Etymology
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liquor (n.)

c. 1200, likur "any matter in a liquid state, a liquid or fluid substance," from Old French licor "fluid, liquid; sap; oil" (12c., Modern French liqueur), from Latin liquorem (nominative liquor) "a liquid, liquor; wine; the sea," originally "liquidity, fluidity," from liquere "be fluid, liquid" (see liquid (adj.)).

Narrowed sense of "fermented or distilled drink" (especially wine) first recorded c. 1300; the broader sense seems to have been obsolete from c. 1700. As long as liquor is in him was a Middle English expression, "as long as he is alive," that is, "as long as he has a drop of blood left." The form in Modern English has been assimilated to Latin, but the old pronunciation persists.

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liquor (v.)

c. 1500, "to moisten," from liquor (n.). From 1550s as "supply with liquor," 1839 as "drink" (intoxicating liquor). To liquor up "get drunk" is from 1845. Related: Liquored; liquoring.

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hard (adj.)

Old English heard "solid and firm, not soft," also, "difficult to endure, carried on with great exertion," also, of persons, "severe, rigorous, harsh, cruel," from Proto-Germanic *hardu- (source also of Old Saxon hard, Old Frisian herd, Dutch hard, Old Norse harðr "hard," Old High German harto "extremely, very," German hart, Gothic hardus "hard"), from PIE *kortu-, suffixed form of root *kar- "hard."

Meaning "difficult to do" is from c. 1200. Of water, in reference to the presence of mineral salts, 1650s; of consonants, 1775. Hard of hearing preserves obsolete Middle English sense of "having difficulty in doing something." In the sense "strong, spiritous, fermented" from 1789 (as in hard cider, etc.), and this use probably is the origin of that in hard drugs (1955). Hard facts is from 1853; hard news in journalism is from 1918. Hard copy (as opposed to computer record) is from 1964; hard disk is from 1978; the computer hard drive is from 1983. Hard times "period of poverty" is from 1705. Hard money (1706) is specie, silver or gold coin, as opposed to paper. Hence 19c. U.S. hard (n.) "one who advocates the use of metallic money as the national currency" (1844). To play hard to get is from 1945. Hard rock as a pop music style recorded from 1967. To do something the hard way is from 1907.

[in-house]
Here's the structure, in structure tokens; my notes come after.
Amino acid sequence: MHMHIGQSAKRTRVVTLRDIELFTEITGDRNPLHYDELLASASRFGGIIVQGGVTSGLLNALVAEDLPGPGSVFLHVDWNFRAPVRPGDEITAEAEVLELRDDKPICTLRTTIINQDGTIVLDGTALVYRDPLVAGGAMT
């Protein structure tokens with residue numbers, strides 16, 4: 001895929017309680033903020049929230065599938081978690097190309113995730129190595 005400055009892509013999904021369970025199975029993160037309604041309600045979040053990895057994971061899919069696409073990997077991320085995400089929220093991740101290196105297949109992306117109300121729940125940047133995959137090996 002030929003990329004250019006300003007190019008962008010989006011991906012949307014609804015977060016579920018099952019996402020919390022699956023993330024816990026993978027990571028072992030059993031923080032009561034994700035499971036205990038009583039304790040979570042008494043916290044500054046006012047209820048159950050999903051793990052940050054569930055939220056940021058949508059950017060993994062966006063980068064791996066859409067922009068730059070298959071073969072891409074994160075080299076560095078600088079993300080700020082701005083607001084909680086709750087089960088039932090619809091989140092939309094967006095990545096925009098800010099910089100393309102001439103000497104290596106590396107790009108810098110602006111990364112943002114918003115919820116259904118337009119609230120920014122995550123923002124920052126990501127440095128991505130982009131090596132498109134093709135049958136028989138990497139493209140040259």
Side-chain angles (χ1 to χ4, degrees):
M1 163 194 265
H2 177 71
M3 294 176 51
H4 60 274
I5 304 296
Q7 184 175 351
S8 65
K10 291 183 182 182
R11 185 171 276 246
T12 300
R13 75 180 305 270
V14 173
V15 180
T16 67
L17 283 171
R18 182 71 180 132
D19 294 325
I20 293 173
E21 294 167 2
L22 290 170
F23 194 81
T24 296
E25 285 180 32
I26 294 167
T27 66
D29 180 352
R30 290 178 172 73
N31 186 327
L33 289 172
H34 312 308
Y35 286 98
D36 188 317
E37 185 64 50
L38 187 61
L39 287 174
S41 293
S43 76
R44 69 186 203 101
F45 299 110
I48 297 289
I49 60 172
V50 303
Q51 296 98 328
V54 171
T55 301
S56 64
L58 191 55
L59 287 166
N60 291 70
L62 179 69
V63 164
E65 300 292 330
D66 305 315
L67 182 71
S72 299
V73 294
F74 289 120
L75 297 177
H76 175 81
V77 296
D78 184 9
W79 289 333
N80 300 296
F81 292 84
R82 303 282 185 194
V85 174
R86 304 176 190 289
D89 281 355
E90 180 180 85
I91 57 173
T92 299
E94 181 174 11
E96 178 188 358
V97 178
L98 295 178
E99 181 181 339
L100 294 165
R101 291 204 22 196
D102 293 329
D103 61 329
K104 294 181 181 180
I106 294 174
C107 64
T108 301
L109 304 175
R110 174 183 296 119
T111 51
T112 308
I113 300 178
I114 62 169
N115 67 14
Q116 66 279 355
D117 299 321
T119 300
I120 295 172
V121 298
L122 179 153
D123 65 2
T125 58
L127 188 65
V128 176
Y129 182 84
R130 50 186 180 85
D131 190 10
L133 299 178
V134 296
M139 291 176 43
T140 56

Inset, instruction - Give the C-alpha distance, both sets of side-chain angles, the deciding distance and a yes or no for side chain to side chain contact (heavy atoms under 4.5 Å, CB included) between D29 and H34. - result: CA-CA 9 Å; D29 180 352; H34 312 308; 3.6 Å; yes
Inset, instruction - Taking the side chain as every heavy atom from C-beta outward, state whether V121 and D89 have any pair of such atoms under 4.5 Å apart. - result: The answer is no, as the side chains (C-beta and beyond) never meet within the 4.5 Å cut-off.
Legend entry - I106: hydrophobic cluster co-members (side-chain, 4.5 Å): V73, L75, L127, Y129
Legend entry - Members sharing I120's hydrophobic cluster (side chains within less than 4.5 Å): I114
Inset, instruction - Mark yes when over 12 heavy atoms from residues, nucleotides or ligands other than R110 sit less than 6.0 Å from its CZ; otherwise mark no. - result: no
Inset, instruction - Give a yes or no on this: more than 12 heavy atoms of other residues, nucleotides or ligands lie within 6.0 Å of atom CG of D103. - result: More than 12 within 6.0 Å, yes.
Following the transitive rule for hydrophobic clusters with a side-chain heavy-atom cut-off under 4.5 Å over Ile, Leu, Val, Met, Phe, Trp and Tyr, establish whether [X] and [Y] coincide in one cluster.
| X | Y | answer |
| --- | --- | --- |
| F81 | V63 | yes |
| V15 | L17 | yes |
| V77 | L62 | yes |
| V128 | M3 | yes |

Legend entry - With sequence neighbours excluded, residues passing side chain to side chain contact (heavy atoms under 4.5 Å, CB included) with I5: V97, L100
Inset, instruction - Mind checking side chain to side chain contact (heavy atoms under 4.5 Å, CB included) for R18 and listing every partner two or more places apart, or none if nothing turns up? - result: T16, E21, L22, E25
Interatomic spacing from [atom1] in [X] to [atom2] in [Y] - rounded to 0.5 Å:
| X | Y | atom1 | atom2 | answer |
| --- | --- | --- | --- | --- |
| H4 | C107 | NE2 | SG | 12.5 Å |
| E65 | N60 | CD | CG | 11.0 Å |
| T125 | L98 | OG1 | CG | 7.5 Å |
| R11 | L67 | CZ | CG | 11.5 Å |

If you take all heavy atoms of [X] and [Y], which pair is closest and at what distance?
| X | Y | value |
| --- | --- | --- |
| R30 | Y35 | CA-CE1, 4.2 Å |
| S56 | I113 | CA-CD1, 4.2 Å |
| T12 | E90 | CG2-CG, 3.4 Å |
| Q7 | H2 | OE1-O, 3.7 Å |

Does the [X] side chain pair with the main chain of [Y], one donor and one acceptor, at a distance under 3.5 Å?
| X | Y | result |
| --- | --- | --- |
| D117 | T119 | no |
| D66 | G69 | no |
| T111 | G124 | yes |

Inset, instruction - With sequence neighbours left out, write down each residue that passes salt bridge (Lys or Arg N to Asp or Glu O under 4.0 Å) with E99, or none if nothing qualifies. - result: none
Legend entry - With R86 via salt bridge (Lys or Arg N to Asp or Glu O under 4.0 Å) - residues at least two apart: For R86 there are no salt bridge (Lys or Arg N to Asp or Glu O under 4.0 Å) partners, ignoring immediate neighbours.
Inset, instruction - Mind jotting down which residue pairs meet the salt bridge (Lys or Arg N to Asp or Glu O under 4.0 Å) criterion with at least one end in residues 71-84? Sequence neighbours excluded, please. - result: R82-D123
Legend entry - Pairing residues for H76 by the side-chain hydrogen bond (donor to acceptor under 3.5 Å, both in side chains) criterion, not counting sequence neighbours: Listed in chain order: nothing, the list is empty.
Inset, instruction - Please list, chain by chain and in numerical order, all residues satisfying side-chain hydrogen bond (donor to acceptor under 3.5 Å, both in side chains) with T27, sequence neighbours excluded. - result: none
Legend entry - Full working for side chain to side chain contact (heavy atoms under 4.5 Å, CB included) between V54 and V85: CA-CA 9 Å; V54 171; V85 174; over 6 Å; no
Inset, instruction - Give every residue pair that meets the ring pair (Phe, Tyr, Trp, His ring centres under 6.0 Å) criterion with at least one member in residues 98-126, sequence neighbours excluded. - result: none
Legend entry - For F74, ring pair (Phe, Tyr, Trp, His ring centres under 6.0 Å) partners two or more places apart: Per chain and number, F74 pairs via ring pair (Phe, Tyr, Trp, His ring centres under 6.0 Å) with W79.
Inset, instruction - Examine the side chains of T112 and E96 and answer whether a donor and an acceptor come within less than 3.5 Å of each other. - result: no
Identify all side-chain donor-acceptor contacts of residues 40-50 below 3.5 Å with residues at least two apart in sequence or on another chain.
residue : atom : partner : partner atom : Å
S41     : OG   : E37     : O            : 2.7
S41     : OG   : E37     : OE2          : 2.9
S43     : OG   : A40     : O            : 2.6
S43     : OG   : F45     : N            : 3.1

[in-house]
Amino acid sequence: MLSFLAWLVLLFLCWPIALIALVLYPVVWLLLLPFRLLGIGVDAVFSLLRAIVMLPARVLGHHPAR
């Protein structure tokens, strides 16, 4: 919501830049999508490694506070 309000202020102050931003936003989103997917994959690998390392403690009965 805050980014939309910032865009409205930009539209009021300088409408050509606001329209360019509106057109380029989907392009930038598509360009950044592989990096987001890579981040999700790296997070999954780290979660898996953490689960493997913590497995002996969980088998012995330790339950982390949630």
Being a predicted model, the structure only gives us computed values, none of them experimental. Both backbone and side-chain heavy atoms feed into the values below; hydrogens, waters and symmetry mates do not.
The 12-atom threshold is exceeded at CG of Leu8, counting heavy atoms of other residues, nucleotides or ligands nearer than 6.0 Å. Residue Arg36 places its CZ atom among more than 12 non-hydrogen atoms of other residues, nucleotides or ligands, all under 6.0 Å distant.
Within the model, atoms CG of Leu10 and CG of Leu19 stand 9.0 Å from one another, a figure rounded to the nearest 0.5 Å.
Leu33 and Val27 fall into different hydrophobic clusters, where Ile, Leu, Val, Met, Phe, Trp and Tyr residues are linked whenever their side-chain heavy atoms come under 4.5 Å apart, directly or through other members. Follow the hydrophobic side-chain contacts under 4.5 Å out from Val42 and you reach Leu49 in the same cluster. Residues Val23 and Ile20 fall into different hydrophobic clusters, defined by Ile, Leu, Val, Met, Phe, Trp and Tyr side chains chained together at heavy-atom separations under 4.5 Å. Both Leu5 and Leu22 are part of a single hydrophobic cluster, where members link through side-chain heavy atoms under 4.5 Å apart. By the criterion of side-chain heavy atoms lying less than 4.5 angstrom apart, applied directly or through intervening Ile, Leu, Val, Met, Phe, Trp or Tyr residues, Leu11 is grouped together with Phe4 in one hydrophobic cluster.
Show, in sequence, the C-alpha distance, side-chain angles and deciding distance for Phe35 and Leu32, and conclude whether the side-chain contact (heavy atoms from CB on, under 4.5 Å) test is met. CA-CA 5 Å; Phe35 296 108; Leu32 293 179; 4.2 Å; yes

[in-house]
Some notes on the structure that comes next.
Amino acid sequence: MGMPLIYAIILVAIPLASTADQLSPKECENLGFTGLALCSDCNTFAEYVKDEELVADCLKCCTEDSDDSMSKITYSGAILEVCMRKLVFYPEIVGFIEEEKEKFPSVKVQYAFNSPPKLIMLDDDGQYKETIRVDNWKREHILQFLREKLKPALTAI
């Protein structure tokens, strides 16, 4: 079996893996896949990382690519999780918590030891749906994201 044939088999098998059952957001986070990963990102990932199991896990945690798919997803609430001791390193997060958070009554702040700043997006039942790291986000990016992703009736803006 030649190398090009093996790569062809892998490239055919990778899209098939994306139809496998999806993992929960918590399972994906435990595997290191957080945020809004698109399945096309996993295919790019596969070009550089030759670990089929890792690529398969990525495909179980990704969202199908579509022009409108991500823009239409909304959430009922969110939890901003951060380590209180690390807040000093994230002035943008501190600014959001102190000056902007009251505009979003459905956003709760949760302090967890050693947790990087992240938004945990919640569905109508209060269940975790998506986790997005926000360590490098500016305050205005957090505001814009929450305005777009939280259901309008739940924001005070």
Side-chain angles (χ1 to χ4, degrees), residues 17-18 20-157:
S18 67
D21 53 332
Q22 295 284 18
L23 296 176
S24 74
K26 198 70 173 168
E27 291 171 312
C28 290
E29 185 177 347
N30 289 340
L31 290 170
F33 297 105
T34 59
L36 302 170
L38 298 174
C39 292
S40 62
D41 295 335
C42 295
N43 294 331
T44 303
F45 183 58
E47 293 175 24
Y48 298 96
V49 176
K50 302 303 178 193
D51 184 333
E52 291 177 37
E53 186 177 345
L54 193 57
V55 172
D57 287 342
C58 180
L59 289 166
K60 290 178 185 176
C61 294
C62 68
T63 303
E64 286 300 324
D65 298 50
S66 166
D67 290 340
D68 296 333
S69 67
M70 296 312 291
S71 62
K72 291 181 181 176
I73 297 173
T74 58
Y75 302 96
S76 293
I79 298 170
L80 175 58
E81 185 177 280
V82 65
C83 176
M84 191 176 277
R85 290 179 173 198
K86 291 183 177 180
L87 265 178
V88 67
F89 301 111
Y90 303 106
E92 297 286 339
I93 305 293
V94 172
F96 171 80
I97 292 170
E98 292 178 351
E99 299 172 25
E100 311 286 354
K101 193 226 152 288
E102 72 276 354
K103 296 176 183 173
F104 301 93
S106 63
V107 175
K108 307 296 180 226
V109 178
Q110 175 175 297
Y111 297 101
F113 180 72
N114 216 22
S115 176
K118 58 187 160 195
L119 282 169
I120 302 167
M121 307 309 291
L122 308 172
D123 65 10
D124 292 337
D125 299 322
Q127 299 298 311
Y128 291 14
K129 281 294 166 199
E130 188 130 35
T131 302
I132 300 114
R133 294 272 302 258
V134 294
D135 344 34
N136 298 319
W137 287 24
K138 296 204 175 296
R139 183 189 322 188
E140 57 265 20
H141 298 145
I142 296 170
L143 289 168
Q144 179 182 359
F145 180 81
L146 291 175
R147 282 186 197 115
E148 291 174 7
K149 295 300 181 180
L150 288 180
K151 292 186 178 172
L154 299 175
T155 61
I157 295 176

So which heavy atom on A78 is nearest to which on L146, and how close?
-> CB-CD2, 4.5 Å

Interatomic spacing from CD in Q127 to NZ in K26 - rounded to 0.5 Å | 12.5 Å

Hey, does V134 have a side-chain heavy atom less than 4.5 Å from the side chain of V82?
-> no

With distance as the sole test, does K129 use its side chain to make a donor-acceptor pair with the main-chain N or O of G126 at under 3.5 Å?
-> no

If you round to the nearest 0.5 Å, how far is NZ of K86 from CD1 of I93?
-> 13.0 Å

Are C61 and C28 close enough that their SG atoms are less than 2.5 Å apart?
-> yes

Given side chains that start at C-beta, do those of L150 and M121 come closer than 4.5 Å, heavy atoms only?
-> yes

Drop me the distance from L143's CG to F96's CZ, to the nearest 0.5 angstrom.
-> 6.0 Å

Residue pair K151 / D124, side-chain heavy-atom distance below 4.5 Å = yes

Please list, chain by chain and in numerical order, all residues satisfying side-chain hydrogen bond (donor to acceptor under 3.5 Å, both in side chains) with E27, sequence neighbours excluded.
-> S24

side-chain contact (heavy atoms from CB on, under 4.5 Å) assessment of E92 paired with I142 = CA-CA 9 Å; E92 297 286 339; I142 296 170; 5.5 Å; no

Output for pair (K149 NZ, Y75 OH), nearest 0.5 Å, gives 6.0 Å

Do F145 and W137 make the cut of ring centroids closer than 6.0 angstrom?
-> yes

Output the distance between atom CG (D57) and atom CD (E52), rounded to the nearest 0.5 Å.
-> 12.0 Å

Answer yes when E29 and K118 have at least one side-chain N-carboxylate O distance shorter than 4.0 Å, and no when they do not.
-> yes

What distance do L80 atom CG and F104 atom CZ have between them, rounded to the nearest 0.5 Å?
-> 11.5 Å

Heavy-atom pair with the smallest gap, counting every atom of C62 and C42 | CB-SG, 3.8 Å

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hard (adv.)

Old English hearde "firmly, severely," from hard (adj.). Meaning "with effort or energy, with difficulty" is late 14c.

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pot-liquor (n.)

"liquid in which meat has been boiled," 1744, from pot (n.1) + liquor (n.).

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hard-headed (adj.)

also hardheaded, 1580s, "stubborn," from hardhead "dull person" (1510s), from hard (adj.) + -headed. Meaning "practical, shrewd" is attested from 1779. Compare Dutch hardhoofdig "stupid."

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hard-wired (adj.)

also hardwired, 1969, in computing, "with permanently connected circuits performing unchangeable functions;" transferred to human brains from 1971; from hard (adv.) + wire (v.).

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hard-bitten (adj.)

"tough, tough in a fight," literally "given to hard biting," 1715, originally of hunting dogs, from hard (adv.) + bitten, with the past participle used actively (as in free-spoken).

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hard-working (adj.)

also hardworking, 1708, from hard (adv.) + working (adj.).

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hard-line (adj.)

"uncompromising," 1958, originally in reference to Soviet communist policies, from the noun phrase (see hard (adj.) + line (n.)) in the political sense. Related: Hard-liner (1963).

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